Job seekers fill Wednesday job fair
More than 140 companies seek workers for empty positions

By Katherine Michalets - Freeman Staff

May 14, 2015

Job seekers crowd the aisles during the Workforce Development job fair at Waukesha County Technical College on Wednesday. 
Charles Auer/Freeman Staff 

PEWAUKEE - Diversity was a word often used to describe the job fair at Waukesha County Technical College on Wednesday - from the mix of employers with booths to the job seekers and their skills.

About 140 companies and 950 job seekers attended the three-hour event held by the Waukesha-Ozaukee-Washington Workforce Development, Inc. that represented various industries, including health care, manufacturing, construction, technology and hospitality.

Teri Zielski, human resources manager for Briggs & Stratton, said she was impressed with the diversity of those in attendance. While Briggs & Stratton was focusing more on finding people to fill manufacturing roles, she said she was getting asked about professional positions as well.

“There’s a good mix of people with specialties,” Zielski said.

For those who stood out as strong potential workers, Zielski was inviting them to a Monday hiring event at Briggs & Stratton in Wauwatosa.

It’s much easier to find an employee to do assembly work than to fill a more technical position like machine maintenance, she said.

Job seekers crowd around the Quad/Graphics booth during the Workforce Development job fair at Waukesha County Technical College on Wednesday.
Charles Auer/Freeman Staff 

Briggs & Stratton is expanding its manufacturing operations, Zielski said, and did a round of hiring in January with more rounds likely in June and November.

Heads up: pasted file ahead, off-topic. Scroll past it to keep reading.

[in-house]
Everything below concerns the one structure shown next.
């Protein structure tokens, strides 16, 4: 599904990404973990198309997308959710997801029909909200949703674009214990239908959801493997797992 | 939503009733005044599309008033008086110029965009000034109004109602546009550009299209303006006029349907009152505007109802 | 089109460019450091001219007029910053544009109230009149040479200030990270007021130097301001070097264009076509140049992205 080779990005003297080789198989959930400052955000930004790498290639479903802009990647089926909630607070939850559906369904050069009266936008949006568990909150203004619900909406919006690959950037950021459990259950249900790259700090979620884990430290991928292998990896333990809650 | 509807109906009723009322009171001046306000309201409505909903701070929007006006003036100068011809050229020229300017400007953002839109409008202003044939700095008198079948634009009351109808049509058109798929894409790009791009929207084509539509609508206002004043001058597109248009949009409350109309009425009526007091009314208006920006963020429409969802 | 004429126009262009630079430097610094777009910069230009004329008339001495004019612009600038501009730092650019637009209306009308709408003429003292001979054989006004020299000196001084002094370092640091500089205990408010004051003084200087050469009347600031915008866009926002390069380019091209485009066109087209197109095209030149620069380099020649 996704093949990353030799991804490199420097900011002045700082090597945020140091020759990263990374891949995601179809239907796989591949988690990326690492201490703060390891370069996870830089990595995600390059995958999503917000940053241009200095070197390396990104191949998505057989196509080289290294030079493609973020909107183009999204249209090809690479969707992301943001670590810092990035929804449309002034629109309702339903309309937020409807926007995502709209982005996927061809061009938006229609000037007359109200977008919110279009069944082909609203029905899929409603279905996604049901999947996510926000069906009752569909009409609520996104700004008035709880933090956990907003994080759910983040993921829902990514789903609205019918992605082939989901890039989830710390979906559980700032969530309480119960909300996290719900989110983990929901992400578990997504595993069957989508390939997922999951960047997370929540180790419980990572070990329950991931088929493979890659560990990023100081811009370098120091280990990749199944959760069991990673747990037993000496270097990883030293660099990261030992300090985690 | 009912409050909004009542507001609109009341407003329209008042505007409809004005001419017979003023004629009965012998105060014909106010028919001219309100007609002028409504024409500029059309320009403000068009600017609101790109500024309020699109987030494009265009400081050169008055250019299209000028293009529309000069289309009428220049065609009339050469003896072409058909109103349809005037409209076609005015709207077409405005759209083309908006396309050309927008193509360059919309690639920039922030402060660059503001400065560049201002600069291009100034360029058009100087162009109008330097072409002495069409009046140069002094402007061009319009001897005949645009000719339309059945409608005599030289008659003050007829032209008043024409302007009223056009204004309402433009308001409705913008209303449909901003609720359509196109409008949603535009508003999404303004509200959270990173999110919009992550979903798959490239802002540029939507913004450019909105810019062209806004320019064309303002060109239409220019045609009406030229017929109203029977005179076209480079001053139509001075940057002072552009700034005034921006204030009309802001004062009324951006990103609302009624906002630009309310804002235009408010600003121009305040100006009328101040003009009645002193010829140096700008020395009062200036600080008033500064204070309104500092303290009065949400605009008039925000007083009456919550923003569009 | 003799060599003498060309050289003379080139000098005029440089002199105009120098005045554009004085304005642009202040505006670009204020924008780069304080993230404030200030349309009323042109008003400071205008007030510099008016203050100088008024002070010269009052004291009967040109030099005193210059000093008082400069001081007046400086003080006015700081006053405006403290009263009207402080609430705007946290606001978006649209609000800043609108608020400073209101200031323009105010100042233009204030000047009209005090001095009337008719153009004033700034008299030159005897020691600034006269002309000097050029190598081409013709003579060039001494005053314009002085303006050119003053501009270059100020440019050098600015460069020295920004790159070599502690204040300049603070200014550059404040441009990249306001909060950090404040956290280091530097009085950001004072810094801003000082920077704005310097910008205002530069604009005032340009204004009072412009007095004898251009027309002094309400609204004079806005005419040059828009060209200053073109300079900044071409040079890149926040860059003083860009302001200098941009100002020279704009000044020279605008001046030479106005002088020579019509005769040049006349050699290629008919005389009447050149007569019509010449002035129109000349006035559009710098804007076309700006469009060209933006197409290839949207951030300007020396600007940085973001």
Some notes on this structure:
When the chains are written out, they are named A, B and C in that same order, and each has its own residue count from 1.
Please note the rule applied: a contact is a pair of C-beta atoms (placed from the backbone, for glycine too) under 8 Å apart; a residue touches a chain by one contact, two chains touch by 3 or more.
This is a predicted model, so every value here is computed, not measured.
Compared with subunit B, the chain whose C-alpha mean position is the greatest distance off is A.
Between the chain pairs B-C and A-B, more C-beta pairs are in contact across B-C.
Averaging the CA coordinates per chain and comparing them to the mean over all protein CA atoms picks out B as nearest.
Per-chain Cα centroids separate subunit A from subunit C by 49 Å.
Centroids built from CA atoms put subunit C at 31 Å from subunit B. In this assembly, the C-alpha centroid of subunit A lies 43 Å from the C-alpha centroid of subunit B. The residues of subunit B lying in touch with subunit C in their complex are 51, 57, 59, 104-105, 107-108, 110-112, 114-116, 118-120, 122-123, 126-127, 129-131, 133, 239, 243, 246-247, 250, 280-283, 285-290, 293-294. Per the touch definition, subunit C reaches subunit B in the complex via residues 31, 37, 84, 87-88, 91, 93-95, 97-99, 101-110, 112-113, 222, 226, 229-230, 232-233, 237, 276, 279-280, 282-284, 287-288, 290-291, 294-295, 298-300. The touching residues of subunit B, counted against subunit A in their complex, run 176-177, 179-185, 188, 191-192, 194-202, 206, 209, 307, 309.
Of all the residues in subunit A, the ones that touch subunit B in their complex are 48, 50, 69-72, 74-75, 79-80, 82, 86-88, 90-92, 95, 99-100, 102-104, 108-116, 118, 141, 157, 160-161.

At the Interstate Sealant & Concrete, Inc. booth, HR Manager Kathy Eckhardt said she was looking for “road warriors” and construction laborers.

There are openings at ISC in Waukesha, although Vice President of Operations Garret Burleson said it can be difficult to find a person with the right job skills to be part of the workforce or a supervisor. It’s also important to him that  they have strong soft skills, such as good manners and dressing appropriately.

Employers are looking for personal responsibility in the workplace, but also in employees’ personal lives, he said.

Work has increased for ISC as the economy has picked up, Burleson said.

A supervisor in the road construction industry can expect to make between $50,000 and $150,000 annually, he said.

“It’s one of the industries that is up to the person and how much you put into it you can get out of it," he said.

Francisco Sanchez, president of the WOW Workforce Development, Inc. Board, said employers had told him they were pleased with the volume and mix of people attending Wednesday’s job fair.

“We try to get people jobs and employers really need people. And that’s more of a priority than anything else," Sanchez said.

Yan Ling is getting a job certificate from WCTC and already has a bachelor’s degree from Australia. Ling said she was nervous Wednesday because English is her second language, but she was hoping to find someone who would offer an accounting internship in order for her to gain more experience.

“There aren’t too many jobs in accounting,” she said about what she was finding at the job fair.

Christina Salimes of Brookfield attended the job fair with Holli Bastow of Waukesha. Salimes, a Carroll University graduate with a degree in psychology and communications, said she was open to anything. Positions at Fred Astaire Dance Studio at Roundy’s appealed to her.

A debate she has been having with friends is whether to hold out for a better job or to take something for which you are overqualified.

Bastow said she was checking out the job fair Wednesday so she could be properly prepared when the next one is held.

She said it has been difficult to find the right job that pays well and has opportunities to move up in the company with her artistic skills set.